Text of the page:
As the pandemic continues into the 10th month, we’ve been thinking about our community of horse owners and riders. How best to come together and share during this time? The Cayuse Corona Community is one way. Here we see folks making lemonade from lemons and learn how some are coping with this year’s strains.
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Nancy Schaufele is an avid Colorado/Utah horsewoman who was featured this year on Headspace founder’s Take Ten video series. She generously shared her story with us after battling COVID.
There’s something to be said about the necessity of caring for our equine partners. Horse chores keep us moving even when our bodies say ‘Ouch.’ I consider this a good thing. During my battle with COVID, I never missed a feeding.
I had spent months getting our house ready to sell. I negotiated contracts and tackled the arduous tasks of packing and moving. Thank goodness I was able to get my horses out in the mountains – even enough to procure a callus on my backside! My horses provided sanctuary in the middle of moving chaos.
When it was finally over, I lingered in town, staying at a friend’s empty casita to enjoy the last gasp of fall. I was there only one day when I woke up with a sore throat. Something felt wrong. I ignored it and decided to take my horse out on a BLM trail behind the house. We rode 20 minutes before I had to turn around.
I crawled back to the house and curled up on the sofa with a book hoping it would just go away. It didn’t. When I started having chills, I got concerned and went over my symptoms:
- Feeling like crap
- Achy body
- Sore throat
I was encouraged that I did not have a fever and could taste and smell. I called my husband and said I’d get a test first thing in the morning. That night was tough. All I could think about was getting Covid.
- How did this happen? I never went out without a mask and was neurotically careful.
- Who had I seen?
- What about my husband with a heart condition?
- What about my son who helped us move?
- What about the adorable nine-year old who came to play with my horse?
I got a rapid test and spent the rest of the day getting ready to join my husband at our rented home in Utah if the result came back positive. We would need each other’s help and should be together.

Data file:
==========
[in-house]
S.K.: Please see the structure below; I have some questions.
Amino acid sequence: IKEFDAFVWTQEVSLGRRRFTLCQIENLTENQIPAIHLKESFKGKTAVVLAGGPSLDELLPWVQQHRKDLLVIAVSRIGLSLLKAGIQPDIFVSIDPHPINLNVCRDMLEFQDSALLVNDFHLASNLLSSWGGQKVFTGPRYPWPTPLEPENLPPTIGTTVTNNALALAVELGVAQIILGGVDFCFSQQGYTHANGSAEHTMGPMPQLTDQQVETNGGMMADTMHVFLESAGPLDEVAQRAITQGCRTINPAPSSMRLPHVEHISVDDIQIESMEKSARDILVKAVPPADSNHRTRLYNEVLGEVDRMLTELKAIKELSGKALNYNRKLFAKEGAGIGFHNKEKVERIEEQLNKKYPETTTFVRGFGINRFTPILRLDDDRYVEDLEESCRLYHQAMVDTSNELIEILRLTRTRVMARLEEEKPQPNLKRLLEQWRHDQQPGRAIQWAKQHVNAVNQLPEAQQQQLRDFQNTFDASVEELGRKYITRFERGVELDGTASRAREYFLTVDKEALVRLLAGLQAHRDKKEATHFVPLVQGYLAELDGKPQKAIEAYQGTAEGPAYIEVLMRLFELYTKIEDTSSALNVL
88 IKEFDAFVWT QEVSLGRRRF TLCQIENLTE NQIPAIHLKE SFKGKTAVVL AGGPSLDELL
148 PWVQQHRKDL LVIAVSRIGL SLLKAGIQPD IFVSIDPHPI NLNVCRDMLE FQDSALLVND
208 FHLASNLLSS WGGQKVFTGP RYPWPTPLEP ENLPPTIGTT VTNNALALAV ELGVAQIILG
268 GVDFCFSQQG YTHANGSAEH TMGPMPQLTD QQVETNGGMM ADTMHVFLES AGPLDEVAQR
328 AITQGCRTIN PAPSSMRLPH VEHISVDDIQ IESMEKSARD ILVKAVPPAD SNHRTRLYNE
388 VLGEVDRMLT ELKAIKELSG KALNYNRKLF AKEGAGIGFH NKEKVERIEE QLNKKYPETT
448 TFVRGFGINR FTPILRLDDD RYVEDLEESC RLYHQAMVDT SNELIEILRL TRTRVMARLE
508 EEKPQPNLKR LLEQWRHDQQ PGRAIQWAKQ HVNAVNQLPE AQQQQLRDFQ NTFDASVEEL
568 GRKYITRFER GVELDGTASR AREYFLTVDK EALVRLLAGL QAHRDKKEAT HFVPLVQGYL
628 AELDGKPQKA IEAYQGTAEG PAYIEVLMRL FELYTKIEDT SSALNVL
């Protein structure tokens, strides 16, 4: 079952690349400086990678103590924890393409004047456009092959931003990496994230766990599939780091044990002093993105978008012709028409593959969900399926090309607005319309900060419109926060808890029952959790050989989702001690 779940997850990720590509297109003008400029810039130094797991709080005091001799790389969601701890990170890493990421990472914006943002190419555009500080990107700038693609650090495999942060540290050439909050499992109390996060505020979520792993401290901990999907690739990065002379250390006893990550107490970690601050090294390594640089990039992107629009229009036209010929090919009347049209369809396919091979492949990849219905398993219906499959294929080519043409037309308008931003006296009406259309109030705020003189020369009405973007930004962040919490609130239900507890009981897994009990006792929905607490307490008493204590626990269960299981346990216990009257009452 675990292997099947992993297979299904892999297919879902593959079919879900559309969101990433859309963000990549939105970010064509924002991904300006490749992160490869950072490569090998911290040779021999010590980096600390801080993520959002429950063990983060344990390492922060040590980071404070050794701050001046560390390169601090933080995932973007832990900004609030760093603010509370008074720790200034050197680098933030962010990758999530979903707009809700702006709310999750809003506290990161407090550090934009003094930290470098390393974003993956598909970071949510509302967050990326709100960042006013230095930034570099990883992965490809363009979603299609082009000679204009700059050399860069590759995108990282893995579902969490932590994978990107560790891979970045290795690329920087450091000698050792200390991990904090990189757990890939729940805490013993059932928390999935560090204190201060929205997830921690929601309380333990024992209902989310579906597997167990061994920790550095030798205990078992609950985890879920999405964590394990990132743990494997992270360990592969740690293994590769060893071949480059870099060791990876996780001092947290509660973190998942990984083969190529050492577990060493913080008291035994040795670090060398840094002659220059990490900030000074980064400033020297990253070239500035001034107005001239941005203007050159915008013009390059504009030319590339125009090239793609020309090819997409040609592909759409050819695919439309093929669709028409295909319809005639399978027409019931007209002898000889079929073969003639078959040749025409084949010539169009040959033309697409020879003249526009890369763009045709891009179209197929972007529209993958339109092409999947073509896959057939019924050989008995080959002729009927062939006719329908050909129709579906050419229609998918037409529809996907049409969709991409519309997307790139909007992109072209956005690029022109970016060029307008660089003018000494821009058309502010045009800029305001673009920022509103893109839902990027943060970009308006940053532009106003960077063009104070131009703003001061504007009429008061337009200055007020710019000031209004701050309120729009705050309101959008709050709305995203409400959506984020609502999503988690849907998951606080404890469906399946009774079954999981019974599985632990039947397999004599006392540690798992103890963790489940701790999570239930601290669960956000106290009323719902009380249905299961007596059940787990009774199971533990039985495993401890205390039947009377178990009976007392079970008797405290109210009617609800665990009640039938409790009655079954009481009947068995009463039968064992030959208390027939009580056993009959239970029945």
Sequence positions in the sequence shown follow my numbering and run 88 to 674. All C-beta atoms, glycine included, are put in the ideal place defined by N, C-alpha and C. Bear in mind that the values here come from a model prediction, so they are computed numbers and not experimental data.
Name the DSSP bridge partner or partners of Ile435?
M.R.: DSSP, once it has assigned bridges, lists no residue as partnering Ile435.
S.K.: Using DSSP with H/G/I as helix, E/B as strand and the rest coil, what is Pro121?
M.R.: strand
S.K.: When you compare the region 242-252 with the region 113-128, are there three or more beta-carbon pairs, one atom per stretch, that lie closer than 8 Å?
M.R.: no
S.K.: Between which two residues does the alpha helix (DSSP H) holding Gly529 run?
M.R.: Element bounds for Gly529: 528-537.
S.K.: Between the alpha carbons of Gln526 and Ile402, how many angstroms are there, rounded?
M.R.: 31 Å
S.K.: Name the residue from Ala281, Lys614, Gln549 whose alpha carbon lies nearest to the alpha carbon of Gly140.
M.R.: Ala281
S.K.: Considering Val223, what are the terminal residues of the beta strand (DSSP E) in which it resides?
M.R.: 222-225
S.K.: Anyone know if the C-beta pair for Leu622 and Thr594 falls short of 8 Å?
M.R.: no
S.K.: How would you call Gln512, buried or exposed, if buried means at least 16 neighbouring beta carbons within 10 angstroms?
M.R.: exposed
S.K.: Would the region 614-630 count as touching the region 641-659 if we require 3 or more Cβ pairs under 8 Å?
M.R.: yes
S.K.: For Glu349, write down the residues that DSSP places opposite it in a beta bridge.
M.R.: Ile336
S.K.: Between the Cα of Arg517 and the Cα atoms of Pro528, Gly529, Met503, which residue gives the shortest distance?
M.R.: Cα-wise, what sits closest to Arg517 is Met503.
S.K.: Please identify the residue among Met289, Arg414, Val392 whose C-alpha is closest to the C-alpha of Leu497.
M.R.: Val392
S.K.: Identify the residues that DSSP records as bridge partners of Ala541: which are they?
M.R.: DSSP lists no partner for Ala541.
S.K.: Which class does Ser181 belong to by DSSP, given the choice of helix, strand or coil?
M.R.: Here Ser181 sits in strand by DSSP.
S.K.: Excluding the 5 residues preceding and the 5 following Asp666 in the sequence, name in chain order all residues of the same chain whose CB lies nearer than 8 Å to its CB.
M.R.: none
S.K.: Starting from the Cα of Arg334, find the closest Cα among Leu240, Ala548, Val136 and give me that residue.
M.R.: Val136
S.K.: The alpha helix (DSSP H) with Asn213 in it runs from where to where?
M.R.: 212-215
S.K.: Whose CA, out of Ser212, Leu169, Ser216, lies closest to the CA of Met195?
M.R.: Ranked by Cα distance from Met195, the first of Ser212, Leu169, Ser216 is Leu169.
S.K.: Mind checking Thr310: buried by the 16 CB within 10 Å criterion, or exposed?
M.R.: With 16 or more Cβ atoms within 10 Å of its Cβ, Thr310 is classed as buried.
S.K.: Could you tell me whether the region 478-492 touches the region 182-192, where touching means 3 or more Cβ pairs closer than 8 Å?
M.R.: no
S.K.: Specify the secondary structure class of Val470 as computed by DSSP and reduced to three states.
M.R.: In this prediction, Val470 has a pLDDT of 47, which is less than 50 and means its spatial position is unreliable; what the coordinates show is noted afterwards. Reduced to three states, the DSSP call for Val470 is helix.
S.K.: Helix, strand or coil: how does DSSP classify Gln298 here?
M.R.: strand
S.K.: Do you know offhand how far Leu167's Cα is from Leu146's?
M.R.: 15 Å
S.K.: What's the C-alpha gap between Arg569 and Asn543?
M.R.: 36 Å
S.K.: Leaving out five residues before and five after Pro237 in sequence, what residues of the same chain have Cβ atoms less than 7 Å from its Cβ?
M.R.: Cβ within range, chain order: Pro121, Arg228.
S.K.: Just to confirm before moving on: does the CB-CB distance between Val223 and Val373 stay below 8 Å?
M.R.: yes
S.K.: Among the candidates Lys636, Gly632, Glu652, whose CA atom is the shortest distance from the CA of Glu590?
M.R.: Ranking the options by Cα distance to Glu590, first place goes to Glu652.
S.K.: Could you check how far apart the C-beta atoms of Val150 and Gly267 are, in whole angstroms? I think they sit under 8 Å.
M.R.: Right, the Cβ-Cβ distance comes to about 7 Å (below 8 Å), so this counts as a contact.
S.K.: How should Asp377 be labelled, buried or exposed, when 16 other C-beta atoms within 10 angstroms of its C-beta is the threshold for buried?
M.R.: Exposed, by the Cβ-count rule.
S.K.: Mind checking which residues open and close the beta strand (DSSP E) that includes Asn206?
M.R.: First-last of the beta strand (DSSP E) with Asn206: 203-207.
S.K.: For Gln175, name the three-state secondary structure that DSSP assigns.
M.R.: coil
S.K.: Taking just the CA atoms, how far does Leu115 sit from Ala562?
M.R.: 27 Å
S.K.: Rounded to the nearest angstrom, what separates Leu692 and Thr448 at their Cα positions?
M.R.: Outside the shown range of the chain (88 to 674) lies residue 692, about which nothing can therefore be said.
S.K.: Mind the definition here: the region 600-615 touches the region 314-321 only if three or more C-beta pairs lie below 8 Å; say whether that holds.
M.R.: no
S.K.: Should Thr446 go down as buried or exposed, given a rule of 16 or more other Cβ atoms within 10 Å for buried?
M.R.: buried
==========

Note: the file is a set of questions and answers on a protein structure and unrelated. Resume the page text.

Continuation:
The next morning, I got the call from the health department. Yes, it was positive. In shock, I called my husband and son, loaded the horses, and drove a very long two hours to Moab. I quarantined in our little guest house. The next morning my husband got the call. His test was positive. Thank God, my son’s test was negative. I moved back into the house and got ready for what could be a wild ride.
It’s difficult to describe how having Covid is so different from the flu. Everyone was concerned given our age and conditions: I’d had major surgery in March and my husband has a heart condition. Plus, the house move was physically and emotionally draining. This was serious.
I had a cough and joint pain. He got the Covid rash (it’s like shingles). We both wanted to sleep all day and night.
The worse part was the fear. No… terror. The symptoms can manifest as nothing. Or death. And everything in between. We understood how serious it was and how quickly things could go south. My son bought us a pulse oximeter. One morning, we went over our wills and directives.
That’s what makes Covid so different: How many people get the flu and go over their wills?
This virus affects each person differently and can do massive damage to the body. We watched the news and wondered if we’d become sick enough to be hospitalized. Alone. I was hopeful that most people get only mild symptoms.
I counted off each day… Week One… Week Two, keeping in mind the possibility of a cytokine storm, as our immune systems went to work. After two weeks, we were feeling better. But I still had the cough and we both were stunned by the fatigue. Week Three passed without hospitalization, but I needed antibiotics for a respiratory infection.
Week Four was better. My cough persisted, but we were less worried. The fatigue lingered and we both crashed in the afternoons. There were setbacks and times when we wondered if we might be one of the “long-haulers.”
By Week Five, I still had nights I would crawl into bed right after dinner. My husband’s blood pressure went up for no reason, requiring a consultation with his cardiologist.
Now it’s Week Six and life is still not normal, but it’s getting there.
I never missed a feeding. Yet some mornings I didn’t know if I’d make it down the hill to the barn. As soon as I heard that soft nicker, though, I’d feel better. My horses needed me.
At dusk, as I dragged myself back up the hill, I felt a satisfaction that my boys were well-fed and happy. I had to force my body to respond when it just wanted to stop, but I think doing those chores kept me going. There is something healing about being near a warm horse body, watching the glow of a setting sun. I could have called on the offers of help, but I wanted to do it as long as I could muster the strength.
Horse chores are centering. I use the time cleaning a pen or scrubbing a tank to simply “be.” Horses are my meditation place and space.
On days when the fear was bad, I would go to the barn early and hang out with the boys. My horse, Ming, would always walk over and we’d exchange breaths. Maybe his breath helped me heal. I like to think so.
Covid was a wild ride, but it did not beat me. And I never missed a feeding.